If any of my regular readers are interested in trading comics with me, drop me a line at docsavag@austin.rr.com. I'll be happy to send you my list of comics for sale/trade and maybe we can get some trades going on a regular basis. I'd love to make some new comic book friends. How about you?

Tuesday, January 8, 2013

OSCAR TRIVIA ANSWERS


1952's Best Picture of the Year Oscar winner was Cecil B. DeMille's circus epic, THE GREATEST SHOW ON EARTH. The film was the basis for a television series of the same name that ran on ABC-TV from September, 1963 to May, 1964. The show starred the great Jack Palance as the ringmaster. I remember seeing a few episodes of the TV series in syndication many years after the show was canceled. Seems like they ran on Saturday mornings. I don't remember anything else about the series but I liked Jack Palance back then and still do. He's one of my favorite actors.
The 1952 film was theatrically re-released in the late '60s and I vividly recall seeing it then for the first time on the big screen at the Southwood Theatre on Ben White Blvd. The train crash sequence that occurs at about mid-point of the film was one of the most spectacular set-pieces I'd ever seen and it stayed with me for days. Over the years I've seen the film at least once on home video and a few years ago, we screened it at the Paramount. Judy and I went to see it and we both enjoyed it immensely. Charlton Heston and James Stewart are two of my favorite actors and it was a treat to see the film again on the big screen.
Did THE GREATEST SHOW ON EARTH really deserve to be awarded Best Picture of the Year that year? Probably not, but what's done is done. It's a fun movie, full of color, spectacle and the magic of the circus. It's the perfect film for the ten-year-old kid that, if you're lucky, is still alive somewhere within your soul.
IN THE HEAT OF THE NIGHT, the Best Picture of the Year of 1967, was the first Best Picture winner to spawn a sequel. In fact, there were two films produced following HEAT, both of which starred Sidney Poitier reprising his role as detective Virgil Tibbs. The films were THEY CALL ME MISTER TIBBS! (1970) and THE ORGANIZATION (1971). And of course, IN THE HEAT OF THE NIGHT was yet another Best Picture winner to become a television series.

Monday, January 7, 2013

HEY KIDS! IT'S OSCAR TRIVIA TIME!


Two trivia questions for you this time, both of which concern Best Picture of the Year Oscar winners.
1. Which Best Picture of the Year later became a weekly television series?
2. Which Best Picture of the Year was the first to have a sequel? Hint: there were actually two sequels to this film and neither one of them featured the Corleone family.
Answers tomorrow.

STUNNING MEDIOCRITY


Legendary Russian playwright Anton Chekov once famously remarked that if you show a loaded gun in act one of a drama, it had better damn well go off in act three. Or words to that effect.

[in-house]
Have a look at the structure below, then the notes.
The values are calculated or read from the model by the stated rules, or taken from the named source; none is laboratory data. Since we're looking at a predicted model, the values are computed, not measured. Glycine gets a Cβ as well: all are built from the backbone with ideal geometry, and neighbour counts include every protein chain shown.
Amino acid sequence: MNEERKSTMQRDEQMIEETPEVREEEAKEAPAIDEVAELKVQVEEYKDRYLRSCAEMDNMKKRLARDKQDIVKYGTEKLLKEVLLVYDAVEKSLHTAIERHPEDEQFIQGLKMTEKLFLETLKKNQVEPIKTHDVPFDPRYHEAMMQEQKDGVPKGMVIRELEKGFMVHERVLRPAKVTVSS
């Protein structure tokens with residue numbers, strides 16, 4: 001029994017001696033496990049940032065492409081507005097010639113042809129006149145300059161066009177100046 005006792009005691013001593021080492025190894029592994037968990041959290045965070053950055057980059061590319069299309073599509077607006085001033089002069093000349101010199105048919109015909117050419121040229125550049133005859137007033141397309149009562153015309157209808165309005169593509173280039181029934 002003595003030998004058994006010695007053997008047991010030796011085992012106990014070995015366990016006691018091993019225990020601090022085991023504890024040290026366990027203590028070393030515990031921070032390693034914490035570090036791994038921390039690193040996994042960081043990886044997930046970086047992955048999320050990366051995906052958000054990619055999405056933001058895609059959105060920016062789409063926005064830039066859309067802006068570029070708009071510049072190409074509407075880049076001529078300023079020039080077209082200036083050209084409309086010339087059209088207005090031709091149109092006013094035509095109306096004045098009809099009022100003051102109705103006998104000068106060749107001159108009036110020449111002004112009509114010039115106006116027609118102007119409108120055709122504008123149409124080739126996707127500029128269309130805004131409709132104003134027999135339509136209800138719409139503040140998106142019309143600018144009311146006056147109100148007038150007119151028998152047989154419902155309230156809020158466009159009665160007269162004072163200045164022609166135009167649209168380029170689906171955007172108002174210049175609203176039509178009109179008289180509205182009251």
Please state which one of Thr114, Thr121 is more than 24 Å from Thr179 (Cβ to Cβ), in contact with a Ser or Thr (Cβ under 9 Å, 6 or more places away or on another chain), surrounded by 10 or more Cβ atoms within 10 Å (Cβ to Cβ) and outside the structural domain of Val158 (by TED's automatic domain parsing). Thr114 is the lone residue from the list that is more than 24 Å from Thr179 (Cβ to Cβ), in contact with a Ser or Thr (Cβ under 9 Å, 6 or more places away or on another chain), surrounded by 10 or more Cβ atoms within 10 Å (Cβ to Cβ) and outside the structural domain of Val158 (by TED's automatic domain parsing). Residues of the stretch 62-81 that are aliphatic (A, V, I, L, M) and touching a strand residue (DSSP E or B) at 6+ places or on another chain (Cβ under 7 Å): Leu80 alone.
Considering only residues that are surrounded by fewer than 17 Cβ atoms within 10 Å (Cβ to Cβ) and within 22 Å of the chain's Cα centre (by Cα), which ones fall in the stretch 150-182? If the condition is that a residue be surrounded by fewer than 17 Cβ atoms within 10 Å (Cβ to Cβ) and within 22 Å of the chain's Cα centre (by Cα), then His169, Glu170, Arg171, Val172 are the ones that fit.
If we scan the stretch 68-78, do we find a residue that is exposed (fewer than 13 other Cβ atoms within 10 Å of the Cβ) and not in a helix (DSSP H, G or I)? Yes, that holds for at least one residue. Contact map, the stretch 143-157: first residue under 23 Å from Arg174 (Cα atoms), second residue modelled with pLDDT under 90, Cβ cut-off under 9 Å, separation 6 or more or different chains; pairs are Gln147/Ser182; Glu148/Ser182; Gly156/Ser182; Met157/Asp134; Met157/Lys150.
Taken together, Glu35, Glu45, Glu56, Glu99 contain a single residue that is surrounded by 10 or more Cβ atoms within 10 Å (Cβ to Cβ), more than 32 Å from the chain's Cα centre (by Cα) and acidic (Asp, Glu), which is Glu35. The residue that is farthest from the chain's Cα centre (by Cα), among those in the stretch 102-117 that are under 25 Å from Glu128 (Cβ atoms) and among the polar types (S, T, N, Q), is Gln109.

By the same token, when you begin a routine actioner such as NIGHTHAWKS by showing Sylvester Stallone in a dress (relax, he's an undercover cop), you just know that when the climax of the film rolls around and bad guy Rutger Hauer is after Stallone's ex-wife (Lindsay Wagner), that it's going to be Stallone (who is only shown from behind) in that blond wig and long bath robe. Yep, got that one right.
NIGHTHAWKS is a 1981 action film co-starring Sylvester Stallone and Billie Dee Williams as two New York City street cops who are recruited to a special counter-terrorism task force in order to combat the menace of Wulfgar (Hauer), a free-lance European terrorist who has moved his base of operations to the Big Apple. It's a semi-interesting look at urban terrorism decades before 9/11.
Along for the ride are Lindsay Wagner (who only appears in about three scenes and must have worked all of two days on the film) and Persis Khambatta (who apparently did have a film career after the disaster of STAR TREK: THE MOTIONLESS PICTURE, albeit not a very lengthy nor successful one).
Everything in this utterly routine film is predictable and by-the-numbers. Absent the violence and profanity, it could have been a made-for-television movie-of-the-week or an episode of any '70s-'80s TV cop show.
NIGHTHAWKS, which I watched yesterday afternoon is totally average, stunningly mediocre and imminently forgettable.

DEJA VU

I didn't see THE HANGOVER when it was originally released in the theaters a few years back. My nephew Ryan turned me on to it on a visit to my sister's house not long ago. I thought the first film was fresh, original and funny as hell. I laughed my ass off.
When THE HANGOVER PART II came out in the summer of 2011, I debated about going to see it in the theaters and for whatever reasons, chose not to. This past Christmas, my nephew Ryan once again came through by loaning me his copy of the film. I watched it the other day and while I laughed uproariously several times, I didn't laugh as loudly or as often as I did while watching the first film. Why?